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Old 01-24-2008, 09:45 PM   #1
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Floor beam failing?


This house has three rows of floor beams constructed from 2x6 spiced. 2 of the rows look fine, 1 row (see photo) appears to be failing. The beam is leaning over and the peir is leaning (appears as if it is buckling). There is also some settlement along the in the house around the location of the floor beam. What would cause this? Would I need to replace this entire beam, or is this repairable? Thanks for any advice.
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Old 01-25-2008, 05:56 AM   #2
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Floor beam failing?


Ayuh,...... That looks like a Failure to me.....

Why I don't know,.... But Fixing it should be priority #1....

Jack it back into place,+ either replace the Failed pieces, or shore them up with more materials.....

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Old 01-25-2008, 06:34 AM   #3
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Floor beam failing?


Can't tell much from that photo was this done later because the floor had bounce? can't see anyone thinking a dbl 2x6 would hold a floor up and it looks like it is placed mid span?
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Old 01-25-2008, 07:09 AM   #4
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Floor beam failing?


Is there a load bearing wall above this beam?
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Old 01-25-2008, 09:01 AM   #5
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Floor beam failing?


This is one of the original beams, the house is not very big, but they are 2x6 spliced. (built in 1986) The load bearing walls are on the exterior only, so there is not a load bearing wall above. The beam is leaning about 10 percent from one end of the house to the other (the peir is leaning about the same). To me it looks like something that might happen in an earthquake, but I am in SE Oregon and I dont think that is such a problem here. I am real curious what would cause this.

Also, I would not feel comfortable lifting on the beam in the condition it is in, would it be normal proceedure to install a new beam right next to it and remove this one (the beam is only about 35 feet long)?

I have attached another photo, in the photo the tape measure is pretty much straight up and down, it should show what it happening a little better.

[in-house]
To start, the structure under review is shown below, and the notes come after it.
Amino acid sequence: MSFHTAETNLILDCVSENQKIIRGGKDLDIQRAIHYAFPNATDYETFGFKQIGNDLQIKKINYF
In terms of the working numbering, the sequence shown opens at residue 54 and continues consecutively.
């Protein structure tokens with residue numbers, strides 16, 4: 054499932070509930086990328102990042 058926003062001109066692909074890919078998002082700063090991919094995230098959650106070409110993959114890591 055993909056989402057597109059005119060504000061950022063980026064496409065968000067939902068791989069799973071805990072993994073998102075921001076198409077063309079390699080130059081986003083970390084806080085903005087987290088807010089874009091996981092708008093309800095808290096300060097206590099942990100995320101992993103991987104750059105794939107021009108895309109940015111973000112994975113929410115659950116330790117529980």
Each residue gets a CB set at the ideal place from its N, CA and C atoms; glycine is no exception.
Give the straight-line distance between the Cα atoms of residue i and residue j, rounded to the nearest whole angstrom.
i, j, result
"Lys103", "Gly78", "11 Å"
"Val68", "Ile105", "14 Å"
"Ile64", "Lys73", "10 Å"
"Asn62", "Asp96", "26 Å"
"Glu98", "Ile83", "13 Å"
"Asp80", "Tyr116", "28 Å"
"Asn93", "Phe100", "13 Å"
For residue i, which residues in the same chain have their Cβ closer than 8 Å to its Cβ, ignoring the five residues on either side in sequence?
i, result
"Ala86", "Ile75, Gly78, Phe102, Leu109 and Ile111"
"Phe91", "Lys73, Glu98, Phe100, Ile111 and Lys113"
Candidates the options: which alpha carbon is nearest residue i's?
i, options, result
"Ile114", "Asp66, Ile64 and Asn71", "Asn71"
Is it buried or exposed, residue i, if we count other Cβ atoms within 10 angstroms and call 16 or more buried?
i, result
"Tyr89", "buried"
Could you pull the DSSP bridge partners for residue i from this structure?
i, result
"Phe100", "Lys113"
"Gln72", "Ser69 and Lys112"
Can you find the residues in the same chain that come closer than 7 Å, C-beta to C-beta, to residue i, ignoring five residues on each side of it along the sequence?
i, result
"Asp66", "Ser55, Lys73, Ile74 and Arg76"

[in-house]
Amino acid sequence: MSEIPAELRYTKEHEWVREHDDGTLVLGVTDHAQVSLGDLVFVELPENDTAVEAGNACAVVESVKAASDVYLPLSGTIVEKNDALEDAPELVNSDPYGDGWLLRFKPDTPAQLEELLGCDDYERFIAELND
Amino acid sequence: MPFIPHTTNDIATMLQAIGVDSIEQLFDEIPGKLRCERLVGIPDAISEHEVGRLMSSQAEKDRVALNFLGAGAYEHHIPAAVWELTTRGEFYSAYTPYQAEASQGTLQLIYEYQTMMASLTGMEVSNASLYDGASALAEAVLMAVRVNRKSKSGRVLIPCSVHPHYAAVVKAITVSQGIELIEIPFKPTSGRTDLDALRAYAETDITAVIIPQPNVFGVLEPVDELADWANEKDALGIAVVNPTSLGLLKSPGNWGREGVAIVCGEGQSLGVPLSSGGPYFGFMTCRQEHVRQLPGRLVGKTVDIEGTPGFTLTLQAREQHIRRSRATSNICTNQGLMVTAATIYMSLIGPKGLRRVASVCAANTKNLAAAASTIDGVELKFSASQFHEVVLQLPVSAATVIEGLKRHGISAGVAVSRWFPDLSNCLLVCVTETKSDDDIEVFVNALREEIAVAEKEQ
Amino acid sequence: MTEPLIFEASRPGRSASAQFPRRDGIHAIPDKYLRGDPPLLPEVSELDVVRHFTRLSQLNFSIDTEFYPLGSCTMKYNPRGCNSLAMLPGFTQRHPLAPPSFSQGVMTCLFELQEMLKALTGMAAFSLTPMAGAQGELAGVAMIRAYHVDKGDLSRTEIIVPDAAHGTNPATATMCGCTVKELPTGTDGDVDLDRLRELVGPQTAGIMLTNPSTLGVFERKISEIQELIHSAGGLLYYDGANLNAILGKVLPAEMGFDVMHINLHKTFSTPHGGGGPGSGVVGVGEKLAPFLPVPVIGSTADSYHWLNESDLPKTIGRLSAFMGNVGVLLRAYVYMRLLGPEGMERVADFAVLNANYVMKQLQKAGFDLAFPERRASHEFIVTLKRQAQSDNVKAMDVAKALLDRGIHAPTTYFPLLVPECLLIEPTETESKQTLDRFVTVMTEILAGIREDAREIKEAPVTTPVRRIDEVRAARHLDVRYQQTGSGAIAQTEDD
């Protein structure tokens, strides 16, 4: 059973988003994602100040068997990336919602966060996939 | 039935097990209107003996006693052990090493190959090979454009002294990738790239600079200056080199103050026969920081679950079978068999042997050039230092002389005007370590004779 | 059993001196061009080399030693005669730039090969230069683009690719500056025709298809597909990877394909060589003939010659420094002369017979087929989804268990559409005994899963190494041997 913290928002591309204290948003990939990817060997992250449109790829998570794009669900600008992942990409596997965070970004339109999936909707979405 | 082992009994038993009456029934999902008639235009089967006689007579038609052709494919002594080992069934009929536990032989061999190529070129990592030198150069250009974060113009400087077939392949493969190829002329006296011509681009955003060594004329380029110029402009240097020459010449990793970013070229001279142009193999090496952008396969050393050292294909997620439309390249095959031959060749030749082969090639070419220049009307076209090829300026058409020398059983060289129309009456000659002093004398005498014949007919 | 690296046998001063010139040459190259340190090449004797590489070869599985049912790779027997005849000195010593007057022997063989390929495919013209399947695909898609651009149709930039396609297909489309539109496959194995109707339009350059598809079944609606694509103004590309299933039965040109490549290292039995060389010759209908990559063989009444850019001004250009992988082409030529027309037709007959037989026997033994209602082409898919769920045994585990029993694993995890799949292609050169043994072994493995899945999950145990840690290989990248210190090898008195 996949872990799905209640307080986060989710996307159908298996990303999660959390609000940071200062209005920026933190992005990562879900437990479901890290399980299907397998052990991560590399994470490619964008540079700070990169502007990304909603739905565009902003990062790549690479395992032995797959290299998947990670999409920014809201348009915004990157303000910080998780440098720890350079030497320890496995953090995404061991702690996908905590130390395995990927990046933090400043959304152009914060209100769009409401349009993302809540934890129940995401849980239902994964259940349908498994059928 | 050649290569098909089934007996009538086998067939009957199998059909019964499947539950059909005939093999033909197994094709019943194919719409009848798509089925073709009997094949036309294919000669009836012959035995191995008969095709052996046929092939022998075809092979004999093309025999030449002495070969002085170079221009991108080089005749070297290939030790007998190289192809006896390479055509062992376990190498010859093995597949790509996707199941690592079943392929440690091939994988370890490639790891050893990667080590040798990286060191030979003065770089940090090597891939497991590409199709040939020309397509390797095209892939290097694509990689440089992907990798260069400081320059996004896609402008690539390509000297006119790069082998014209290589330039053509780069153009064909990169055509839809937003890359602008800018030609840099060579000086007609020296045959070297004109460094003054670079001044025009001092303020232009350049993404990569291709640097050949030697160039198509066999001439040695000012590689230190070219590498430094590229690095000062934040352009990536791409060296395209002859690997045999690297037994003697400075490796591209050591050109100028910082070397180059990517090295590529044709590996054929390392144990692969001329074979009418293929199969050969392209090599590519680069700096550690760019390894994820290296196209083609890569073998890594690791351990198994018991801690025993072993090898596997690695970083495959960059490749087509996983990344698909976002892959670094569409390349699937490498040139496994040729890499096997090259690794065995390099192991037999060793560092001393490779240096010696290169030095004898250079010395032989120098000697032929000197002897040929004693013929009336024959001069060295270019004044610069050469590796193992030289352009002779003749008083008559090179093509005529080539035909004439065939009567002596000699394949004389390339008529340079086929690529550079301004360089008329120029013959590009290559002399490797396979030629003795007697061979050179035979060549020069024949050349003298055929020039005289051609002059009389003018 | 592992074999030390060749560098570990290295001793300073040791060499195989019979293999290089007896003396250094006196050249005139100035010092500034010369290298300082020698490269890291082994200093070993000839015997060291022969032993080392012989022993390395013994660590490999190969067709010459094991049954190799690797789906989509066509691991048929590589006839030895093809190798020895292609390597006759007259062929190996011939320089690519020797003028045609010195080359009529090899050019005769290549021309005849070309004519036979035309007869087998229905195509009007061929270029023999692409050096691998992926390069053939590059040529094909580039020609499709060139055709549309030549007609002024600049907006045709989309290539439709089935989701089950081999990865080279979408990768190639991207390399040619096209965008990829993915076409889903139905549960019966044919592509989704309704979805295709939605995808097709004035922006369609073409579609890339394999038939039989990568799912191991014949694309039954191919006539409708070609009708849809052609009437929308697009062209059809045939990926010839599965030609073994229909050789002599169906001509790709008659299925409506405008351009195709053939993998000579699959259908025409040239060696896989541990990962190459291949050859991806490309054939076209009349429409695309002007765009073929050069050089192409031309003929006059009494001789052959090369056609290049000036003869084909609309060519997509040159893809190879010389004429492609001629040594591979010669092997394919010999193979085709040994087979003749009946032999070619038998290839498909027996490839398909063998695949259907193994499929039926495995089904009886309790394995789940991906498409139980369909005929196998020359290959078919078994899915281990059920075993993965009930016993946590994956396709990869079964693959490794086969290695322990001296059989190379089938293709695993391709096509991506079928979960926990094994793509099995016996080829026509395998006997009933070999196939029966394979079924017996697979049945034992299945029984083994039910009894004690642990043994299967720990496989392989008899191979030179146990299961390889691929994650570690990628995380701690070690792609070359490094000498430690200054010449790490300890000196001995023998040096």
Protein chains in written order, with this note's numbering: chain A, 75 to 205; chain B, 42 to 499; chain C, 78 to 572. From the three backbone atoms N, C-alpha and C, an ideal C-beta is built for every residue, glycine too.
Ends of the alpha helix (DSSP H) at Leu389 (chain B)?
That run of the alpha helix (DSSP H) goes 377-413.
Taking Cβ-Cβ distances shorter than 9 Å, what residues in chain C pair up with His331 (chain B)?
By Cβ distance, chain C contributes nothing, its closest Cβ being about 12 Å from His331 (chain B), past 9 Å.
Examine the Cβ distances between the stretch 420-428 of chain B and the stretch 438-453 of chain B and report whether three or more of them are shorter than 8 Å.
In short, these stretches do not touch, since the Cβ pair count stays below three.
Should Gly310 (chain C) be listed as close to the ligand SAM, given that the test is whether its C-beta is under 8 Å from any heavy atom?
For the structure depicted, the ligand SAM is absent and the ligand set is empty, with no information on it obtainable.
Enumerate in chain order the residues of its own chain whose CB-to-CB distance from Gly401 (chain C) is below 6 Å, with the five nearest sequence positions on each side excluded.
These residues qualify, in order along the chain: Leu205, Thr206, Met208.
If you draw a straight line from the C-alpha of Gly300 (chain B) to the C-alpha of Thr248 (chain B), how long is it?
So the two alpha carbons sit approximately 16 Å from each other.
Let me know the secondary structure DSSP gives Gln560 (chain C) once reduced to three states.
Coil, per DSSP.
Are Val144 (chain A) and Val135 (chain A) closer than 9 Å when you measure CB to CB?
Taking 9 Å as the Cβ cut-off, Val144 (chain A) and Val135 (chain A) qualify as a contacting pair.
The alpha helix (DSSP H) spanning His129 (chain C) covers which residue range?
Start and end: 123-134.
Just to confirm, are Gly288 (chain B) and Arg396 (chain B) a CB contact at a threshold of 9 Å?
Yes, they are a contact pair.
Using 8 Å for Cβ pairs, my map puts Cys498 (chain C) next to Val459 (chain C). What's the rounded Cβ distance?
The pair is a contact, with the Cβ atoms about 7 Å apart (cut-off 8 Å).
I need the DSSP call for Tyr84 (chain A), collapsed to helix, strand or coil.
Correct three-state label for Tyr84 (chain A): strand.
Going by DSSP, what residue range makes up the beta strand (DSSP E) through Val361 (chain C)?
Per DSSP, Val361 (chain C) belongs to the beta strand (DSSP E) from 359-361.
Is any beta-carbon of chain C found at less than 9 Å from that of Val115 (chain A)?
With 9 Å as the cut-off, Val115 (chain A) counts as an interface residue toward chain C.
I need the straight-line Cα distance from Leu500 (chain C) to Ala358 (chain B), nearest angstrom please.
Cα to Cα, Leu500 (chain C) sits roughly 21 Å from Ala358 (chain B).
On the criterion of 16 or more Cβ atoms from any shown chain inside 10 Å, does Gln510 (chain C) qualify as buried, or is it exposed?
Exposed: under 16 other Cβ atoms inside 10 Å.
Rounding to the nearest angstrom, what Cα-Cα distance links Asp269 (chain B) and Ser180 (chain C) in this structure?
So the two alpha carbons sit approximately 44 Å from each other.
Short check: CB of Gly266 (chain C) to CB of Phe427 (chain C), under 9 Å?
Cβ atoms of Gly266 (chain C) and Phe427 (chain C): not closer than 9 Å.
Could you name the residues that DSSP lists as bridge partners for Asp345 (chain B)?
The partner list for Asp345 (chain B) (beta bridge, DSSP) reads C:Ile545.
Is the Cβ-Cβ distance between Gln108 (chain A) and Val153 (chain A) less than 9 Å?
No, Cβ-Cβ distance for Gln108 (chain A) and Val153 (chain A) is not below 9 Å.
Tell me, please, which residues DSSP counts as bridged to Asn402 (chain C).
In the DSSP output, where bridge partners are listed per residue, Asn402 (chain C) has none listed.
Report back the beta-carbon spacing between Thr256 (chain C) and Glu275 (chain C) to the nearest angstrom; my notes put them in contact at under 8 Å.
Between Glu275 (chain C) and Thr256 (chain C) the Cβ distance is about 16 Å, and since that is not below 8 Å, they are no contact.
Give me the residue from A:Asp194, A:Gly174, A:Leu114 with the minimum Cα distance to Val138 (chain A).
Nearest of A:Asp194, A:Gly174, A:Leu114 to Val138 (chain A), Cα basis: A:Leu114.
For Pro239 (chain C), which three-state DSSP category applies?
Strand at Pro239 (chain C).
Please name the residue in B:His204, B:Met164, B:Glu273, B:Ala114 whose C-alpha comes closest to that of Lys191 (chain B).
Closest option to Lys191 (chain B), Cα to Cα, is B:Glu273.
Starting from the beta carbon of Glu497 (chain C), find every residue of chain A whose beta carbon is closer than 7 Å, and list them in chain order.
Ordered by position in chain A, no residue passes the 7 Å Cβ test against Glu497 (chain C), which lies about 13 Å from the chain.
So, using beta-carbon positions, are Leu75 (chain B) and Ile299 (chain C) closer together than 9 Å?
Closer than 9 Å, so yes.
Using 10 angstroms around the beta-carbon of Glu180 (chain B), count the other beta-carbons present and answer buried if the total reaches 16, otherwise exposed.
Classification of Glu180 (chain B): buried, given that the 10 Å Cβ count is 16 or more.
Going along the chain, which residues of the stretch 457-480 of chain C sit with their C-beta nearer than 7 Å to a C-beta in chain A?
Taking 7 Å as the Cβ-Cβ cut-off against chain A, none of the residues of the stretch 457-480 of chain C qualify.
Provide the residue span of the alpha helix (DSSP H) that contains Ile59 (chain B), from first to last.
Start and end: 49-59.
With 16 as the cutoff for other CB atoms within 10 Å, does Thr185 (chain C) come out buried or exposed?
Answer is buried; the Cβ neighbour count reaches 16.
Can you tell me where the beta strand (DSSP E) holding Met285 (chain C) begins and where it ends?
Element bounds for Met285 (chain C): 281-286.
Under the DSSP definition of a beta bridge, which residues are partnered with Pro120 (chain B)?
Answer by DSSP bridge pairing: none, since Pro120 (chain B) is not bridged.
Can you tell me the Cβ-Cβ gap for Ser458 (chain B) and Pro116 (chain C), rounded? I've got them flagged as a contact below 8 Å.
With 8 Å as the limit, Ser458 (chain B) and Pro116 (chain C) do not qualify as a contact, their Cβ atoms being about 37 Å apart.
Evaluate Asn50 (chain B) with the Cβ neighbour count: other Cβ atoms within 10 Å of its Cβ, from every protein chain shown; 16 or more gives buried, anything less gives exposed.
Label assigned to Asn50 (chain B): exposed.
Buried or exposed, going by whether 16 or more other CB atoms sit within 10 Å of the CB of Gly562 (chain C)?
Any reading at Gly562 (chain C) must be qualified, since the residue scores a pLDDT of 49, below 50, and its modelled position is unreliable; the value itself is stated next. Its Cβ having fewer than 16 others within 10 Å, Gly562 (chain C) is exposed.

Thanks for everyones help.
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Old 01-25-2008, 09:46 AM   #6
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Floor beam failing?


it leaning because it not on a good base LOL you can't just wedge a 2x under something and do expect it to roll over after time. The wood itself does not look bad. yoou could add new footers/pads about every 5', 6 of them should do it, and frimly block the beam into place. 2x6 are not the right size for this beam but blocking them closer will help.
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Old 01-25-2008, 10:52 AM   #7
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Floor beam failing?


Since this beam is like this for the entire span, how would I be able to set it up straight without installing a new beam next to it? I would be concerned that there could be a catostophic situation if I simply start lifting in this beam.
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Old 01-25-2008, 12:07 PM   #8
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Floor beam failing?


Ayuh,.....

In that case,... I'd twin it, Then do the repairs......
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Old 01-25-2008, 01:33 PM   #9
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Floor beam failing?


set a 4x4 on the grade beside it place 14 2 ton bottle jacks, about $15 at lowes, then 4x4 on top and slowling lift it to where you want it. That being said now you are getting into a different repair that may cause drywall crack, floor buckling, door & windows bending, and on and on. I was just stableizing the beam before rasing it is a new can of worms

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